Second, iBuyers are partly insulated from the declining home price risk by the simple fact that they acquire inventory on a rolling basis, not all at once. Homes are held on average for around 90 days, meaning only a quarter of homes sold in a year would be affected by a quarterly decline in prices. Of course, if home prices decline for multiple consecutive quarters, this would get more challenging. However, outside of the 2007-2012 period, home prices have declined in back-to-back quarters only one time, in Q4 1981 and Q1 1982.
Third, one of the advantages of pricing and transacting homes online is speed. Zillow’s and Opendoor’s price algorithms receive inputs constantly and are able to dynamically adjust to changing market conditions, thereby reducing the risk of overpaying for homes. As both companies transact more homes and grow their data volumes, the more agile and accurate their neural networks will be.
Four, while we can’t predict the possibility of another macro housing crisis, we view it as unlikely given most buyers are purchasing homes with low, fixed rate mortgages, and there is greater oversight around lending practices. Additionally, given the US faces housing supply shortages that are unlikely to be alleviated soon, we expect there will be sufficient demand to keep home prices from declining for the foreseeable future.
As an aside, we do not view iBuyers as home flippers whose goal is to maximize the spread between the purchase and sale price. Instead, we view them as real estate transaction platforms that capture a percentage of the value exchanged during a home transaction through their service fees. It should be noted that in the event of higher interest rates and/or a slow housing market, Zillow likely has more downside protection given its profitable legacy ad business.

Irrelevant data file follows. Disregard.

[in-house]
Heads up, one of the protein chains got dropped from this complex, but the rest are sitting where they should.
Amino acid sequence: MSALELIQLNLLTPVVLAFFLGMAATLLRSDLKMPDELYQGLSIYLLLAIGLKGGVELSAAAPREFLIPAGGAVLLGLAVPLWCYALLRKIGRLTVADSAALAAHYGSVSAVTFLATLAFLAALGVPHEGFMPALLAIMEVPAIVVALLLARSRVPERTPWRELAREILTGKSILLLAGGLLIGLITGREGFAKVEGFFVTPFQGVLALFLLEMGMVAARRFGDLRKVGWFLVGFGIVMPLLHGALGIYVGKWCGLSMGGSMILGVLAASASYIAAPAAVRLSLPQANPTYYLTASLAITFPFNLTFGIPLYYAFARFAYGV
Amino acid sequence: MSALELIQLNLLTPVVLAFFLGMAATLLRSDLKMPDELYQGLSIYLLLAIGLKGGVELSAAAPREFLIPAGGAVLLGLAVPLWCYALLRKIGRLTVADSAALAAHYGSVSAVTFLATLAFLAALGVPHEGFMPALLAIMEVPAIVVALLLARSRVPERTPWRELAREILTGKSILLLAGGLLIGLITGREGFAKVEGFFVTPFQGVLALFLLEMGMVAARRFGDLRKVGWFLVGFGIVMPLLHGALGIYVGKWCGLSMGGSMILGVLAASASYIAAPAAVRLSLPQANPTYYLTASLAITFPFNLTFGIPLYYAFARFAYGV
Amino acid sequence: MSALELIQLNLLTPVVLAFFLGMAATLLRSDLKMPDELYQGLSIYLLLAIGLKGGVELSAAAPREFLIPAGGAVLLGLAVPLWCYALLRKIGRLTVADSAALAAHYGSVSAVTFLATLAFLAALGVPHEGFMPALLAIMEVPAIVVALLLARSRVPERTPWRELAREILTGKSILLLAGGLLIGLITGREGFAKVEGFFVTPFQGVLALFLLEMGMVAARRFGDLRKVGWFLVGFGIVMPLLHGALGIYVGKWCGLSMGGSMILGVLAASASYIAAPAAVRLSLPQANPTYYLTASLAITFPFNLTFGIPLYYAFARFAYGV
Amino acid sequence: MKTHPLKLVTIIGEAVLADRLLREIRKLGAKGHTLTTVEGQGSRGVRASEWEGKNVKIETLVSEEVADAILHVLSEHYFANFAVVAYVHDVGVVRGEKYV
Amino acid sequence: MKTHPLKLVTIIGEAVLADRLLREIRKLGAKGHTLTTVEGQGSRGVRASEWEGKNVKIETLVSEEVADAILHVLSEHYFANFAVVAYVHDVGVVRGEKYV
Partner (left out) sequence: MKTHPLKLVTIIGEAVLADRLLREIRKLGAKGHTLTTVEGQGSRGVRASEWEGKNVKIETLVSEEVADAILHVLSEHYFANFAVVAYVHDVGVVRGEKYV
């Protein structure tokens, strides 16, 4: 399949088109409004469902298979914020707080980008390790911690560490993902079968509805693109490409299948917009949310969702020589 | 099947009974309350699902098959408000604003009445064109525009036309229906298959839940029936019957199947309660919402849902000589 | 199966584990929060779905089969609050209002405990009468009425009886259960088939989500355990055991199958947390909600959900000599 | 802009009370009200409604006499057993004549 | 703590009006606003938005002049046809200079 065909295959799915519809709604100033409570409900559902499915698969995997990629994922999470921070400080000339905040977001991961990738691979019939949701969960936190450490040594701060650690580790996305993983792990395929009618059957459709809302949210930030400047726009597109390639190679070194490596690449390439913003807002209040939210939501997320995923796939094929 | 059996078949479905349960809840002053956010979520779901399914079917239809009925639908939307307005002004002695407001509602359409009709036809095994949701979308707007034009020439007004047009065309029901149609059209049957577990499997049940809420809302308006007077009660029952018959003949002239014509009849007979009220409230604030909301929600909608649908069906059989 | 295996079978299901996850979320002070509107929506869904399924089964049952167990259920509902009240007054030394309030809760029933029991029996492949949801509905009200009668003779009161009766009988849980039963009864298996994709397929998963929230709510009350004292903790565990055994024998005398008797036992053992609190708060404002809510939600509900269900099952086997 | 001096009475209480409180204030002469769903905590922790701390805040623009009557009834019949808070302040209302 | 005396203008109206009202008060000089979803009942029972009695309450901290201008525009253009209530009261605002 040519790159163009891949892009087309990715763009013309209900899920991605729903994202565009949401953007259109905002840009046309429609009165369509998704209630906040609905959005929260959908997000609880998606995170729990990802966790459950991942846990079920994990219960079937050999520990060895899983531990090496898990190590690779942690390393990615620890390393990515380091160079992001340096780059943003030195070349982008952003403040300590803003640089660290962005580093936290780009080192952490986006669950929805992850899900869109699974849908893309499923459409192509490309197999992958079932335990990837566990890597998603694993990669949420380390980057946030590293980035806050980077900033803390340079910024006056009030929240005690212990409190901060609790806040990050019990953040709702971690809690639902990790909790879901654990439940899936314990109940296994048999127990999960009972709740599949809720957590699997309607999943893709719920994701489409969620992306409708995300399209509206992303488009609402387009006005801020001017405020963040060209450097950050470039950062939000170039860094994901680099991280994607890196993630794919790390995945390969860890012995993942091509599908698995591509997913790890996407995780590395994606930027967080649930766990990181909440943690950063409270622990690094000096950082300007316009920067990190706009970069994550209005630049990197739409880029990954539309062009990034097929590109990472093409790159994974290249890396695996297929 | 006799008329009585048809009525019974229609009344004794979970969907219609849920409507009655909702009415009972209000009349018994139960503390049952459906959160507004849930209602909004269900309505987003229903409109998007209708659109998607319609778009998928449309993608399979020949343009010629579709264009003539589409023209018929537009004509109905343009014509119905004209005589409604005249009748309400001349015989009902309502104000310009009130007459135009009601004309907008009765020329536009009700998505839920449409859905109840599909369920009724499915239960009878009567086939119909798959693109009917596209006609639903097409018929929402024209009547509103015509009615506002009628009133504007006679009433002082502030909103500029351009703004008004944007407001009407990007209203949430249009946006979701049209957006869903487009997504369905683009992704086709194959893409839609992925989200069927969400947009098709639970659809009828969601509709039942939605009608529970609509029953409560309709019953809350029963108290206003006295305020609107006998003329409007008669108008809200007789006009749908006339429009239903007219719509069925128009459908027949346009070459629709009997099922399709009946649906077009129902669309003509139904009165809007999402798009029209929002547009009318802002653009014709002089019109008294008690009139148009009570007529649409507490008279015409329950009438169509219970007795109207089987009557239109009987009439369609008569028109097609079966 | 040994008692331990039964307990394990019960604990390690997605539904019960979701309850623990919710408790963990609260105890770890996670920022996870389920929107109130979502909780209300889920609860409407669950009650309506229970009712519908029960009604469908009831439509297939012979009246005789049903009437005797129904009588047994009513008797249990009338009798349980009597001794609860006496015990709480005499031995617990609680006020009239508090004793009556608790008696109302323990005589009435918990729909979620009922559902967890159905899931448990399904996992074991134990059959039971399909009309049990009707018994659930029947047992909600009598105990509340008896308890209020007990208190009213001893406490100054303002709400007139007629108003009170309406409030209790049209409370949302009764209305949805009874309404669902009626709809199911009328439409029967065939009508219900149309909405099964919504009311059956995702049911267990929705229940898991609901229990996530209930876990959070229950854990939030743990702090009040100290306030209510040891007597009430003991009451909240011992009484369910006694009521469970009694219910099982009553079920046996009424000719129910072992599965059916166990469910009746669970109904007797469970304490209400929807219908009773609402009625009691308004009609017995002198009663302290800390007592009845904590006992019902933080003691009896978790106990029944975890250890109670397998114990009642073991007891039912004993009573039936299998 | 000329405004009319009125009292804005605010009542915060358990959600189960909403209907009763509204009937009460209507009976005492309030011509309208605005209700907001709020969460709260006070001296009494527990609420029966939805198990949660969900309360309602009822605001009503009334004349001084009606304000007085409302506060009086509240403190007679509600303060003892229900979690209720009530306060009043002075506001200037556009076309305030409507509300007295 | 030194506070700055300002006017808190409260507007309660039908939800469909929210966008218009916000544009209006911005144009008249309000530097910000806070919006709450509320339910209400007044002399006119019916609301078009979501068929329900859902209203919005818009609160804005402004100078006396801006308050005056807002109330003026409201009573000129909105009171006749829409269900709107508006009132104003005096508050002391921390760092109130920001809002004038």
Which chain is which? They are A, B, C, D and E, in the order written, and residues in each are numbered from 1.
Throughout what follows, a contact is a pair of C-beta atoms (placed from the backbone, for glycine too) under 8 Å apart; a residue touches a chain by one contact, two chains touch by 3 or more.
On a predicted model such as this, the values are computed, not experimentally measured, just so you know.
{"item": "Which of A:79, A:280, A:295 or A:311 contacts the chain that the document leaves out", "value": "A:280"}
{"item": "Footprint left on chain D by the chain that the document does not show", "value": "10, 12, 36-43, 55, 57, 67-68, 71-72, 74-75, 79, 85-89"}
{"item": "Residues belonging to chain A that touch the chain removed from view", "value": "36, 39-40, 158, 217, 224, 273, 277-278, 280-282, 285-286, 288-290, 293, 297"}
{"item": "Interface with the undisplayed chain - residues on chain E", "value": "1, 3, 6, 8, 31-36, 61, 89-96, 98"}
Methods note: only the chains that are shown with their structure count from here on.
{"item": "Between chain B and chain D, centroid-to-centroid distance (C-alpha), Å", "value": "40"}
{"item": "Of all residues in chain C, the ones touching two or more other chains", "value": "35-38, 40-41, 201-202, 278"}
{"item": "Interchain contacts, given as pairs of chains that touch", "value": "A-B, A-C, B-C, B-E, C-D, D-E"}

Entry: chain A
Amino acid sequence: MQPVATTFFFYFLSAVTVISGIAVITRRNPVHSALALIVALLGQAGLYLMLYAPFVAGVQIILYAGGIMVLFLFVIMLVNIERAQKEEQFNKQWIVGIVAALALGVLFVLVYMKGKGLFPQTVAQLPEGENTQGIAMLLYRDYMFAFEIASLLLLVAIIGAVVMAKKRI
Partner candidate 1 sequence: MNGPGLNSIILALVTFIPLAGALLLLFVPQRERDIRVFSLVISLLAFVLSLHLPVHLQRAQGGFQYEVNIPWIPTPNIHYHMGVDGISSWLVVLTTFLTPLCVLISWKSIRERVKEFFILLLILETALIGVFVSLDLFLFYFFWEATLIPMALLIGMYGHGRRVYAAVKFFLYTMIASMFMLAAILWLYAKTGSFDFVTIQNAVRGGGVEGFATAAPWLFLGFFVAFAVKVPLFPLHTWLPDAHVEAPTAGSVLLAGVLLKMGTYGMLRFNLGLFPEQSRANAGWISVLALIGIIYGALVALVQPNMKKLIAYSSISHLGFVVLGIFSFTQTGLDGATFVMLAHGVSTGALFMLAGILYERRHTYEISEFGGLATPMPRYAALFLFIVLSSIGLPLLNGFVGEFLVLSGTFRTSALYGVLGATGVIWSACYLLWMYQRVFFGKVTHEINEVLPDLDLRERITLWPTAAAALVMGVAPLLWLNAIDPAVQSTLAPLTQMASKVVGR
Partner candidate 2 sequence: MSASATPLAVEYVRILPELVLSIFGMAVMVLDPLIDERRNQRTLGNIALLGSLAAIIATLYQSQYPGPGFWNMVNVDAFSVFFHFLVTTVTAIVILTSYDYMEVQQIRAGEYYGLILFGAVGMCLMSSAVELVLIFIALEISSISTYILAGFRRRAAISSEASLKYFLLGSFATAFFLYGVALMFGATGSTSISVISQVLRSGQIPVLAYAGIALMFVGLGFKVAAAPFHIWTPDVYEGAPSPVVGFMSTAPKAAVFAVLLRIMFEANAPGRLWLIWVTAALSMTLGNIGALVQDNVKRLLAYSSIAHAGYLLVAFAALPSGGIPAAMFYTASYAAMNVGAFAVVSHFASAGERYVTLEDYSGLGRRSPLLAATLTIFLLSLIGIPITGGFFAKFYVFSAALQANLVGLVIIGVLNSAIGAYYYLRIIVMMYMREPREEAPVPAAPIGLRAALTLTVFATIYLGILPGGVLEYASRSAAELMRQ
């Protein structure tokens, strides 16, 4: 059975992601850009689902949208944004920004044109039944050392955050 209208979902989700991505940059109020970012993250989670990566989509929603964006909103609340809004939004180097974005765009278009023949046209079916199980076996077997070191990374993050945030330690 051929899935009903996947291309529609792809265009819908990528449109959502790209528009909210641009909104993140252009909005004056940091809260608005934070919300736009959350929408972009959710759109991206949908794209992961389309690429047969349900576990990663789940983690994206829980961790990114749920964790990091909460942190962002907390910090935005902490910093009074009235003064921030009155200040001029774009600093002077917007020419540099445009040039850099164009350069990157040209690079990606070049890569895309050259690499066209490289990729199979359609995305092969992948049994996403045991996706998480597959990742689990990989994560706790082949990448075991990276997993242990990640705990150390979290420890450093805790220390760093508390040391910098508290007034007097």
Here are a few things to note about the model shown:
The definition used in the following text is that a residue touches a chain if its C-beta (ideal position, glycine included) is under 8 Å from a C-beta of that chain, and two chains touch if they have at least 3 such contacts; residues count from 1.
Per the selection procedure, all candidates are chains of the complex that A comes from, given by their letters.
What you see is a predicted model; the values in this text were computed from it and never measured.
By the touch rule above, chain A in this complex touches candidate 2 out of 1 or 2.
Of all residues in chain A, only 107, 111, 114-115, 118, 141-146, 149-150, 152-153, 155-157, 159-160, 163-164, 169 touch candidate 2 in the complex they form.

Lower turnover velocity
Another risk of a cooler housing market is longer average holding periods. The longer the resale period, the more an iBuyer pays in holding and interest expenses, thereby pressuring margins.
For both Opendoor and Zillow, holding and interest expenses account for 25%-40% of resale costs (the rest consists of buyer agent commissions, listing fees, and marketing spend). If the average holding period increased by 30%, from 90 days to 115 days, resale costs overall would increase by about 15%. Translating this impact onto contribution margins, it would reduce the contribution margin after interest from 5% to 4.25%. While longer average resale periods would compress margins, this does not jeopardize the long-term iBuying investment thesis. Their margins have benefited over the past three quarters from higher resale velocity, and a reversion to the mean should be expected. After all, at its core, iBuying is a scale and volume business, not a margin one. Further, we believe a sustainable, countervailing force to lower turnover velocity is iBuyers and tech-powered real estate brokerages themselves. That’s because these businesses will continue to bring more liquidity to real estate in hot or cold markets.
Putting it together, we view the risks detailed above as manageable and are focused on capturing the long-term prize: residential real estate’s massive addressable market moving online.